The Global Debt Crisis Of 2015-20XX: 3 Simple Charts

by: Kirk Bostrom

Summary

Seven years after the Crisis of 2008-9, the 'Debt Never Went Away'.

The Spenders' and 'Lenders' of Last Resort are losing effectiveness.

Investors can benefit from international capital already 'on-the 'move'.

Back in the late 80s as a young neophyte on Wall Street attending a six month training program in New York City for newly hired institutional sales and trading employees at The First Boston Corporation, I learned a phrase for life that has never left me: 'K I S S' or Keep It Simple Stupid. The phrase is intuitive - the more simple something can be made, the better. Less is more. You get the picture.

I have tried my best, as hard as it is at times, to stick to that early mantra on what has proven to be wise advice I received many years ago. So with that said, in the simplest terms, it is clear we are living on 'borrowed time' since the Great Credit Crisis of 2008-9. I have written numerous articles detailing the massive increases in global debt issuance, particularly on the global government ledger, coupled with massive global central bank intervention.

At the end of the day, we are witnessing the end of an era of Keynesian credit expansionary policies 'now on steroids'. How did we get here? That is best articulated by summarizing the policymakers inherent tools:

"For Keynes, the government had to be prepared to act as the spender of last resort, just as the central bank acted as the lender of last resort."

To be sure, the government has clearly acted as the spender of last resort, with the US Government outstanding debt now racing towards $19 trillion. Government has borrowed and spent an astounding $9 trillion in just over 7 years. Unfunded liabilities are now estimated by experts at over $100 trillion. From healthcare to social security to student loans, etc. have all been swept under the mat once again in Washington and across the world's advanced economies. They too are precariously exploding higher at the same time worldwide.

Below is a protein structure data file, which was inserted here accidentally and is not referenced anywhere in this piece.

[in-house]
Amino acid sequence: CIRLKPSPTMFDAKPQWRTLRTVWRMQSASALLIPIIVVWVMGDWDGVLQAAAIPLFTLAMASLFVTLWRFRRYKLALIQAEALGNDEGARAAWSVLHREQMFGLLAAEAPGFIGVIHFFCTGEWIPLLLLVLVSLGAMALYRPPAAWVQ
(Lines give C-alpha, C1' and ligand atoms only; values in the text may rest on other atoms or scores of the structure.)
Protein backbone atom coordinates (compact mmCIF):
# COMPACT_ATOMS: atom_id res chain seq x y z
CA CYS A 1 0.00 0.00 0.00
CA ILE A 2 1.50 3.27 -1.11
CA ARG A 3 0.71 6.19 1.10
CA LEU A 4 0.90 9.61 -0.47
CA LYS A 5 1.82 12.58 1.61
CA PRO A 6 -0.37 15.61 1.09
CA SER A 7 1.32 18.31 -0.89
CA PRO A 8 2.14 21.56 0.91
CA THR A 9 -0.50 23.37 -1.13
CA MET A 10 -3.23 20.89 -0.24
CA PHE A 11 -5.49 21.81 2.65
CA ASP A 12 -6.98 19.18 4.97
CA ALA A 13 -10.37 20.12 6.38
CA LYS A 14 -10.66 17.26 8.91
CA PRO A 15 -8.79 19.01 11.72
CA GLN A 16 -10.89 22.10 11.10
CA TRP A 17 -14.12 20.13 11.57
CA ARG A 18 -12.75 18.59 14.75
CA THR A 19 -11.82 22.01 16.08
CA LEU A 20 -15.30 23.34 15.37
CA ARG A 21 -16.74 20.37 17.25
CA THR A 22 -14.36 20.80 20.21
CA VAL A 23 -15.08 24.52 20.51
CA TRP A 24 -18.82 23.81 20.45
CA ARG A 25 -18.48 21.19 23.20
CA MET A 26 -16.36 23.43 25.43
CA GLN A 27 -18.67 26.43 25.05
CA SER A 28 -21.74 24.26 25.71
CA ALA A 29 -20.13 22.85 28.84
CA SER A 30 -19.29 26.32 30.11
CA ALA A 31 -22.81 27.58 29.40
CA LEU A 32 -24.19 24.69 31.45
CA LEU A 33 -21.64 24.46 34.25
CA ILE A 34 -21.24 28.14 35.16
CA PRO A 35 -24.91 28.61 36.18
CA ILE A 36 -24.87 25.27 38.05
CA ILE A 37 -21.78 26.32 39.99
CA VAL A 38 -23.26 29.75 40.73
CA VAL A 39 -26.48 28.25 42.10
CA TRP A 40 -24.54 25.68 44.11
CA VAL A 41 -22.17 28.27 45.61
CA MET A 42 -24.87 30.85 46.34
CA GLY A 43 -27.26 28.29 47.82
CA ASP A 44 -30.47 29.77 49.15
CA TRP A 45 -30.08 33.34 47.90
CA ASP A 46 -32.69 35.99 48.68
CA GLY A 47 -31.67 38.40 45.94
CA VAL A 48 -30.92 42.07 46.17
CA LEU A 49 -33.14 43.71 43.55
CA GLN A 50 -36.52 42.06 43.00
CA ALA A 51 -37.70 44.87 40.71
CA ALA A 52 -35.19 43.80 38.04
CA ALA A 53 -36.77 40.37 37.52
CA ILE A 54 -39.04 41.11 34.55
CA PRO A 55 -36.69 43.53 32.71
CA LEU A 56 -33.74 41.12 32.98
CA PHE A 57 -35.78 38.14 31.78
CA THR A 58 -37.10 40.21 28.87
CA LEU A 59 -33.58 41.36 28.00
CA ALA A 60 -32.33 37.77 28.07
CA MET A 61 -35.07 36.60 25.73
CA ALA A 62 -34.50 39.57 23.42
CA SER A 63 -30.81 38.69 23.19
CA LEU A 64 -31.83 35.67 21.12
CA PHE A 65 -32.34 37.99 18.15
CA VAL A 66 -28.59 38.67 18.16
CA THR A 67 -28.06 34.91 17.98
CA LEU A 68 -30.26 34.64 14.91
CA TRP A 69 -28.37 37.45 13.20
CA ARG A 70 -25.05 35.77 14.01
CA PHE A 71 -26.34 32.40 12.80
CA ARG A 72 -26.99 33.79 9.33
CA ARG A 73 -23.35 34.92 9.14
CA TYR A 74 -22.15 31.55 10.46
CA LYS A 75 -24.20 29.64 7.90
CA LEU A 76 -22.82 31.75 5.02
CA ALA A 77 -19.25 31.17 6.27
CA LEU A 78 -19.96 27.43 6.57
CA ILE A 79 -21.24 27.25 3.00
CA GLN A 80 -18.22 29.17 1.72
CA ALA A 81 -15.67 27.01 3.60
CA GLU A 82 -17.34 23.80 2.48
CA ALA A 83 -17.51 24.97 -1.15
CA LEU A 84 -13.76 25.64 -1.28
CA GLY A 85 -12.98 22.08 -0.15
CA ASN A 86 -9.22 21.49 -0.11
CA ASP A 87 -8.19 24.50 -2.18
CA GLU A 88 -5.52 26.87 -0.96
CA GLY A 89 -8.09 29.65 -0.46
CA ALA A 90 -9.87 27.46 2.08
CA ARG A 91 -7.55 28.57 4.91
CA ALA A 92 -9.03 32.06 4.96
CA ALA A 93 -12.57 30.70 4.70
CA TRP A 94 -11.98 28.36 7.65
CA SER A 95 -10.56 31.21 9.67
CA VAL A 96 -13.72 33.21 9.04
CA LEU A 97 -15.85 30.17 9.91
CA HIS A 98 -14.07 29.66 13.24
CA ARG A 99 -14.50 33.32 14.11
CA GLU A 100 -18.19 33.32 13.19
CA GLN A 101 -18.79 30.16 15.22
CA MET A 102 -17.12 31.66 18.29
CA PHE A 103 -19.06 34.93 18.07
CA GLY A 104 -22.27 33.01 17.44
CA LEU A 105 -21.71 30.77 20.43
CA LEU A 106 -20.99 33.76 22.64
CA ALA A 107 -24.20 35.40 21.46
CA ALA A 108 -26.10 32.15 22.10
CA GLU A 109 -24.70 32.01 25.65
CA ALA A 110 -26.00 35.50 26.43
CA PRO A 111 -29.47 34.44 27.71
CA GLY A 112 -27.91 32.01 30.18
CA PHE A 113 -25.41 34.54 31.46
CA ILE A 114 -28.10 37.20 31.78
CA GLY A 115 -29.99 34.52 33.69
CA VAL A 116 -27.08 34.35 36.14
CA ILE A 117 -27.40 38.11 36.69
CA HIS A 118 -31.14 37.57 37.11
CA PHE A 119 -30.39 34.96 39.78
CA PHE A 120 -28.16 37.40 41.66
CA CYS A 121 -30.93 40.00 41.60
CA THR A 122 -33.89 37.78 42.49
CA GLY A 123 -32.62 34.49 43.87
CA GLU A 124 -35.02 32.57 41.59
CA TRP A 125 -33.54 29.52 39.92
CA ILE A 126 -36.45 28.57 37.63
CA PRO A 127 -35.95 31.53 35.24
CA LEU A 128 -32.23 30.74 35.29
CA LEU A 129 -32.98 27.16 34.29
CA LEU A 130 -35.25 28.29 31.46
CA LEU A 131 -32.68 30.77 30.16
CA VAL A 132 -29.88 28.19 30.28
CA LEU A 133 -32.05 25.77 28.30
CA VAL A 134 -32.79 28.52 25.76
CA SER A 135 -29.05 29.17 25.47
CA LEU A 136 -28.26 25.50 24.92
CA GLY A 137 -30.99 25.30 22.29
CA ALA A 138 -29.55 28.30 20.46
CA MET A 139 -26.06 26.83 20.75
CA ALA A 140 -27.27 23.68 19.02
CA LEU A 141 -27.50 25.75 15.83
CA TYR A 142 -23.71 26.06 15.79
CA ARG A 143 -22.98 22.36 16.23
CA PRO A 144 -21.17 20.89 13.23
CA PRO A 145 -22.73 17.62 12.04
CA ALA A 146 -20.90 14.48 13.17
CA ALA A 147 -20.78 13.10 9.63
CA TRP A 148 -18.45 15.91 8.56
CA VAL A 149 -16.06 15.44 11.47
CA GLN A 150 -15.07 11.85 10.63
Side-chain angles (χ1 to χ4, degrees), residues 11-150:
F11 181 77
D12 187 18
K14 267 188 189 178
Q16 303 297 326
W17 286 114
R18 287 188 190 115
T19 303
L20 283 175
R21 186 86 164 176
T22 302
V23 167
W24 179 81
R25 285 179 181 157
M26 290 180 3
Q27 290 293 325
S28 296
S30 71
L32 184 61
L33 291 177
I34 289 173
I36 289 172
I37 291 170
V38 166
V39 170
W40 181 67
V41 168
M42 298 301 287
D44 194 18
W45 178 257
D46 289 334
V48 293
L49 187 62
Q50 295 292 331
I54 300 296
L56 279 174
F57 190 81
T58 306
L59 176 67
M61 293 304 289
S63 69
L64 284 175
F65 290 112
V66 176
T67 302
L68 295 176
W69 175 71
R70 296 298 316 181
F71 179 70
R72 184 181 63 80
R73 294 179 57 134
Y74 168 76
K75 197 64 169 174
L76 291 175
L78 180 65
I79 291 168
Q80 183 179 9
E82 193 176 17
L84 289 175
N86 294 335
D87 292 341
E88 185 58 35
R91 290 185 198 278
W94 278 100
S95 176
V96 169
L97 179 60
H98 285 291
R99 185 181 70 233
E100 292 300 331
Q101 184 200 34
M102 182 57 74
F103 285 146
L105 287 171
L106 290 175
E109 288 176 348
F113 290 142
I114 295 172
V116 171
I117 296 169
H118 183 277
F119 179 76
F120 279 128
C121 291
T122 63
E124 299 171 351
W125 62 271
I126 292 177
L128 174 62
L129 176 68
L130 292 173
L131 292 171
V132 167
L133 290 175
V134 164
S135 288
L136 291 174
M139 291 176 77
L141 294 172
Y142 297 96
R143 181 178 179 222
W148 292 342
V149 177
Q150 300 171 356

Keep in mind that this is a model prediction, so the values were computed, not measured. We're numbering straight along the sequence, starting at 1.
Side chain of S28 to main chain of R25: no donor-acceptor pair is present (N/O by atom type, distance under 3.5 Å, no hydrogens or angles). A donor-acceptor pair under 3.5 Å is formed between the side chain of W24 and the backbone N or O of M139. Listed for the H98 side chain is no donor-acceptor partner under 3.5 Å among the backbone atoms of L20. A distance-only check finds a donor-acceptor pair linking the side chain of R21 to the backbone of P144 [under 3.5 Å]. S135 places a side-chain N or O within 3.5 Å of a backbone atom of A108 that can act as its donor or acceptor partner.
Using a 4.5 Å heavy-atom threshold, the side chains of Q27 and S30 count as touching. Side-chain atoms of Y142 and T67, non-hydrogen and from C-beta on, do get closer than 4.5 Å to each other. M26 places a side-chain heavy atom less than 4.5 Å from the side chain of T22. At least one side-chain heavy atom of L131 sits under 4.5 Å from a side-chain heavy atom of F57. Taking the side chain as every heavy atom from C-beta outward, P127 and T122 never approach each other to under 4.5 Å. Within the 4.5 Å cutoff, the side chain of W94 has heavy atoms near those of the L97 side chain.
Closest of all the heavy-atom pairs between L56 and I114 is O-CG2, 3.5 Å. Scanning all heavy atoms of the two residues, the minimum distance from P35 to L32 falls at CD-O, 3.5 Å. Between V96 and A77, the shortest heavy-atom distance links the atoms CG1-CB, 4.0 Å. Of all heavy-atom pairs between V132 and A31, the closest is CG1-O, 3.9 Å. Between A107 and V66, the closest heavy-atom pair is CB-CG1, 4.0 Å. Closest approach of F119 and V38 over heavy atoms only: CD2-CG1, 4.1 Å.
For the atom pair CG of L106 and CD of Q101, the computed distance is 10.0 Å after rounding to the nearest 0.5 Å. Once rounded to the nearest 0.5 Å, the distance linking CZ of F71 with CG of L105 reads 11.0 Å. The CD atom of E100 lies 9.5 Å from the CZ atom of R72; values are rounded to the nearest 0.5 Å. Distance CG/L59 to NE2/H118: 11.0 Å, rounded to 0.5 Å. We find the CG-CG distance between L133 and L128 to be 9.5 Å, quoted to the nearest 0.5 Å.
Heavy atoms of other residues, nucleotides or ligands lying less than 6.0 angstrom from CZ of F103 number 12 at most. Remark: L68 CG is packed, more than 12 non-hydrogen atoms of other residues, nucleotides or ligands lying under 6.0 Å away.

It is obvious that governments around the world are running out of 'other people's money' to spend. (quoting Margaret Thatcher).

Meanwhile, the US central bank, the Federal Reserve, is acting as the lender of last resort, has increased its own balance sheet by nearly 500%, creating and lending an additional $3.7 trillion over approximately the same time period. With government running out of funds and higher taxes on the way, it is the world's central banks keeping Humpety Dumpety from falling down again.

Is it working? What does it all mean and why should every investor care? In keeping with the spirit of the K I S S mantra, below are 3 simple charts that tell a very important story that prudent investors should be paying attention now.

In Chart I above, despite the fact that for most investors the Credit Crisis of 2008-9 seems now a distant memory, one dangerous reality still looms: The Debt Never Went Away. The Private Sector Debt problem of the Credit and Mortgage Crisis of 2008 has transformed into an even greater Public Sector Debt problem.

In Chart II above, despite the fact that US credit expansionary policies have remained at full throttle for nearly 7 years running, US economic growth is slowing. The policymakers are now 'pushing on a string' with record monetary stimulus producing declining economic performance. With global growth slowing at the same time, Europe, Japan, and China are now in or near recessionary levels. Central banks around the world are cutting local interest rates even further and devaluing their respective currencies with hopes of 'exporting' their way out of economic malaise. In essence, everyone is attempting to export their way out into a shrinking global economic pie, and all at the same time. It's a race to the bottom.